Publication Date

January 2004

Journal or Book Title

Journal of Applied Physics


This article presents the results of three-dimensional modeling of heteroepitaxial thin film growth with the objective of understanding recent experiments on the early stages of quantum dot formation in SiGe/Si systems. We use a continuum model, based on the underlying physics of crystallographic surface steps, to study the growth of quantum dots, their spatial ordering and coarsening behavior. Using appropriate parameters, obtained from atomistic calculations, the (100) orientation is found to be unstable under compressive strains. The surface energy now develops a minimum at an orientation that may be interpreted as the (105) facet observed in SiGe/Si systems. This form of the surface energy allows for the growth of quantum dots without any barrier to nucleation—dots are seen to start off via a surface instability as shallow stepped mounds, which steepen continuously to reach their low energy orientations. During the very initial stages of growth, mounds are seen to grow in a dense array with several of them impinging on each other and subsequently coalescing to form larger mounds. This behavior occurs due to the competition between surface energy which seeks to minimize the free-energy by the formation of islands with side-walls at the strain stabilized orientations and repulsive elastic interactions between such closely spaced islands. Using simple analytical calculations, we show the existence of a critical island size for this coalescence behavior. A key result of our analysis is the inverse scaling of this critical size with the misfit strain in the film. While energetic analyses may be used to obtain useful insights, the growth of quantum dots is essentially a nonequilibrium process and requires a fundamental understanding of the kinetics. Numerical studies show that the growth kinetics has a profound effect on surface morphology: arrays of well-separated islands or, alternatively, intersecting ridges are obtained in different kinetic regimes. We also study an alternative model of a stable but nonfacet (100) orientation and point out the inconsistencies of this assumption.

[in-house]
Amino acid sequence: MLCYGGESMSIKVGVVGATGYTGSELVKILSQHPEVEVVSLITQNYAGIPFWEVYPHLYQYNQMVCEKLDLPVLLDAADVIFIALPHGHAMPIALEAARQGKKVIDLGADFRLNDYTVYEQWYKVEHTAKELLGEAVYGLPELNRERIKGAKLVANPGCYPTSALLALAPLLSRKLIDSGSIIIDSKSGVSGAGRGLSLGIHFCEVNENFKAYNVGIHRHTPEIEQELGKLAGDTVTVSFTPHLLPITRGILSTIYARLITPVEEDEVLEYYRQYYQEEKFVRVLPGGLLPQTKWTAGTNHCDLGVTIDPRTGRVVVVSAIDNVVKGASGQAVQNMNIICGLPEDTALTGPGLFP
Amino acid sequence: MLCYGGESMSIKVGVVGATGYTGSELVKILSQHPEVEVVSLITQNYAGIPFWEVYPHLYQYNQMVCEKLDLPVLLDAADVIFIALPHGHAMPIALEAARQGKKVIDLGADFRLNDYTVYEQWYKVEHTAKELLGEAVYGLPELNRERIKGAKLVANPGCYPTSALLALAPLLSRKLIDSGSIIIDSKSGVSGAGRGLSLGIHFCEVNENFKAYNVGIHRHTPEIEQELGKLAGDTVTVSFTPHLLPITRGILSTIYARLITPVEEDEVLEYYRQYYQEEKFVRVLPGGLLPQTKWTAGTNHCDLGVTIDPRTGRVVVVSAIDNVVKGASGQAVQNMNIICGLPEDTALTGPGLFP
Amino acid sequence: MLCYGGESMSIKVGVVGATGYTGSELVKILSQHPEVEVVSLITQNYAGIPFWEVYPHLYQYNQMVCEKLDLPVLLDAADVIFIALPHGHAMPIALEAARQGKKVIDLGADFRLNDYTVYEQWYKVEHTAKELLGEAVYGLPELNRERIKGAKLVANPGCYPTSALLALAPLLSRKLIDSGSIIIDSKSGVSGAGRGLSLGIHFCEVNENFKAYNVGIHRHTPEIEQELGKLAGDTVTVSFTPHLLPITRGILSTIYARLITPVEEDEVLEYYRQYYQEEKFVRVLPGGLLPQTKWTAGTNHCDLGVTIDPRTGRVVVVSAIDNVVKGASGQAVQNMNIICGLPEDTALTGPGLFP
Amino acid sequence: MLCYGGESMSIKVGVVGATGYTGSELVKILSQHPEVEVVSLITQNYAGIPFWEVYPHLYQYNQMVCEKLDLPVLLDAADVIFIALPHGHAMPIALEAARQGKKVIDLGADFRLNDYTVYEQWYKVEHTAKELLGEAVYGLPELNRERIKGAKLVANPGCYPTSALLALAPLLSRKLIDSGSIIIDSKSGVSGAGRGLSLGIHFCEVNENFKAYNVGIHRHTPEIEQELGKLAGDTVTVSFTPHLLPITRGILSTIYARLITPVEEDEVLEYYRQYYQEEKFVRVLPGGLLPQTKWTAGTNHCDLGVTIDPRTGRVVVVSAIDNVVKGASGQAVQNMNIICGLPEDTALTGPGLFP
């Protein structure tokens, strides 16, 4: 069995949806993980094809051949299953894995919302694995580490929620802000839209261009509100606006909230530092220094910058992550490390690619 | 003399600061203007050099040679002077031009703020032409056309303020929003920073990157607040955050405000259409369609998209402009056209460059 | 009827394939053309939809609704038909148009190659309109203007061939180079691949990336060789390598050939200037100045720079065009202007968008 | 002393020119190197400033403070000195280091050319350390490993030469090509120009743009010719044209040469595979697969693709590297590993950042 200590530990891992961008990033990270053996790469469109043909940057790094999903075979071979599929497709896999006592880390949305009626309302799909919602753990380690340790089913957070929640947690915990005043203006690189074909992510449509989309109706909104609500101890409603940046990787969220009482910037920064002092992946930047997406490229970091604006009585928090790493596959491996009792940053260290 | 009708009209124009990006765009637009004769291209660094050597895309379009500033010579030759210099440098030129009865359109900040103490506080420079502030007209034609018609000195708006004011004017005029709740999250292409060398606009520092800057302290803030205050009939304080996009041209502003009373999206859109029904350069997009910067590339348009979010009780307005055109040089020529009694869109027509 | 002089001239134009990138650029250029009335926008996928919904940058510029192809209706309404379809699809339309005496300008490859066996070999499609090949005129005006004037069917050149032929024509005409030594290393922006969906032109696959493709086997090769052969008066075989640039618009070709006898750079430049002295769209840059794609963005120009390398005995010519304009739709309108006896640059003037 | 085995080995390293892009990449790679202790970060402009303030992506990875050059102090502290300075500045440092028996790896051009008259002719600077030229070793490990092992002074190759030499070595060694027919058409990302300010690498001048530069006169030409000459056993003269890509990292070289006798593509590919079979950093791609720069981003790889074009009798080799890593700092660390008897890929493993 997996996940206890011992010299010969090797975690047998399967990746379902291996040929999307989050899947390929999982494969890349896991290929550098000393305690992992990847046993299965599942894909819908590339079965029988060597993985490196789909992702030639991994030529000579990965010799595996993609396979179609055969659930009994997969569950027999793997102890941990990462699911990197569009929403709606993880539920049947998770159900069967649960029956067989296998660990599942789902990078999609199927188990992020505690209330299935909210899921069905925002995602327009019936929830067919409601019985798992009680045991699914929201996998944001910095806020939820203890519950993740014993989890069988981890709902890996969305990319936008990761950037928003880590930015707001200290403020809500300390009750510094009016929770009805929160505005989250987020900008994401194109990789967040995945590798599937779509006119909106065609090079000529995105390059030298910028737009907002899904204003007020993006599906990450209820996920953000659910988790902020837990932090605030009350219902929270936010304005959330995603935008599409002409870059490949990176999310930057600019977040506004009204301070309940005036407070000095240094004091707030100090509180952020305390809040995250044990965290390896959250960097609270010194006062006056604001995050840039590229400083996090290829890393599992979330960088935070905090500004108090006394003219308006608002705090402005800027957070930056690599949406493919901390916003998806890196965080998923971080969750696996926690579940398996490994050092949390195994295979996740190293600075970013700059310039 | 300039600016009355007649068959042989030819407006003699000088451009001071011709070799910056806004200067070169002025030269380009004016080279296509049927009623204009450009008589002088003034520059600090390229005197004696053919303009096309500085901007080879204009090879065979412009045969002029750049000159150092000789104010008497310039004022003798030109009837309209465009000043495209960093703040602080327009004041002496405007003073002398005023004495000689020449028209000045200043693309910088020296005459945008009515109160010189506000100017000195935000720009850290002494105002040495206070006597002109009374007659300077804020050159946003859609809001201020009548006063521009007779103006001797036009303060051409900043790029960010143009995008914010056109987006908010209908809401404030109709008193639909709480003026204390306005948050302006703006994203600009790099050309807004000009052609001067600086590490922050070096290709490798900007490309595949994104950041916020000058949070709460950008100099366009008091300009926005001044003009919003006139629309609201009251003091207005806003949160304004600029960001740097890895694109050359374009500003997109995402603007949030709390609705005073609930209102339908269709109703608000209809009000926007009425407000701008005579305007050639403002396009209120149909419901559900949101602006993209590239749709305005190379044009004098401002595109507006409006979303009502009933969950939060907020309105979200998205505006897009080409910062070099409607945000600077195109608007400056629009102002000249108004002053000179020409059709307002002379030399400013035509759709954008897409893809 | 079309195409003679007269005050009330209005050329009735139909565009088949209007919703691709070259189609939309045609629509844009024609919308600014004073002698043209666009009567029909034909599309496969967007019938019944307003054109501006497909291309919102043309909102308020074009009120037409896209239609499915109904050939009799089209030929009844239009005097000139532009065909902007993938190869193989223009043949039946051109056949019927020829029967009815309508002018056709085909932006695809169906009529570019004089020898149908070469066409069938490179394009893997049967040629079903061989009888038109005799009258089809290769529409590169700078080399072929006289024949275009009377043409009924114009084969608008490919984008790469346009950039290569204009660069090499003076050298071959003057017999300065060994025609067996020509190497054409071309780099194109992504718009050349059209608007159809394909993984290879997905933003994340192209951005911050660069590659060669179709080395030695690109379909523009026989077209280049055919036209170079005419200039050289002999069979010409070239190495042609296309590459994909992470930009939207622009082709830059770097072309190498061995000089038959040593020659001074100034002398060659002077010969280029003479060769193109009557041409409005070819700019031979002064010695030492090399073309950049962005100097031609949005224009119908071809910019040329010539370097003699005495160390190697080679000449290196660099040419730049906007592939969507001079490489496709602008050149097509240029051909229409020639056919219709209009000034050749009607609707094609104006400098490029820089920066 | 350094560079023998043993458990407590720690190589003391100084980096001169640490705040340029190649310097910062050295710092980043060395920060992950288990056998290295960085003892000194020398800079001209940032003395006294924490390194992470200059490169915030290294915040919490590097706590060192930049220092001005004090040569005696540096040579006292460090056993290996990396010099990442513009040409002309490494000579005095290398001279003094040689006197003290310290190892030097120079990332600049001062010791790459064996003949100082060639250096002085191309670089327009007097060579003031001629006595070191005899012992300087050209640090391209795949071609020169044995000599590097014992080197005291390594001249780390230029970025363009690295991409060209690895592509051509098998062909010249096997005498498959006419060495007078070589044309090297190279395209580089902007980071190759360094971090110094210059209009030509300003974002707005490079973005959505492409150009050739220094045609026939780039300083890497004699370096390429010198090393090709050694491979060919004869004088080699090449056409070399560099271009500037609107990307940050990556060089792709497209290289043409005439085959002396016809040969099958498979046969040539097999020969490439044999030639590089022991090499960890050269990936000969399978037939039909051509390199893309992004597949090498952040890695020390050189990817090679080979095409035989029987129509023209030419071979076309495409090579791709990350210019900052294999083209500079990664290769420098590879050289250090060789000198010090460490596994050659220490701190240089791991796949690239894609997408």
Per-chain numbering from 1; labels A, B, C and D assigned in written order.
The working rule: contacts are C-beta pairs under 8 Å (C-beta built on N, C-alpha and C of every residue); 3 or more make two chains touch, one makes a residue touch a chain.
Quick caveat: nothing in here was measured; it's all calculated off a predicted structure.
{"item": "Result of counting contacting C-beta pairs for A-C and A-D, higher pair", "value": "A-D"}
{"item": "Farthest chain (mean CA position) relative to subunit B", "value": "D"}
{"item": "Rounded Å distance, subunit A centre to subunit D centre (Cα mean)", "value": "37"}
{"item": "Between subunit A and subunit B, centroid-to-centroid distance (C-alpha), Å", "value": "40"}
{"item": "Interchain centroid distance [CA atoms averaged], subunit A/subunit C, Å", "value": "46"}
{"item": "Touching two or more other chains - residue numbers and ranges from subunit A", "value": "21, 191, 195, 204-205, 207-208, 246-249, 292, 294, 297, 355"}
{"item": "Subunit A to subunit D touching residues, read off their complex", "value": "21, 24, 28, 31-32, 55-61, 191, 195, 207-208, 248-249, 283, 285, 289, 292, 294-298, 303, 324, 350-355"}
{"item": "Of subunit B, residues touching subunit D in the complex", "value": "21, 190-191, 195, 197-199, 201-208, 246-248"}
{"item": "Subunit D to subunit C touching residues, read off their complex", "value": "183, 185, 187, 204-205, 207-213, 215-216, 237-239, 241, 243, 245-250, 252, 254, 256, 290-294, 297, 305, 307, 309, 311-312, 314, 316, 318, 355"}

© 2004 American Institute of Physics.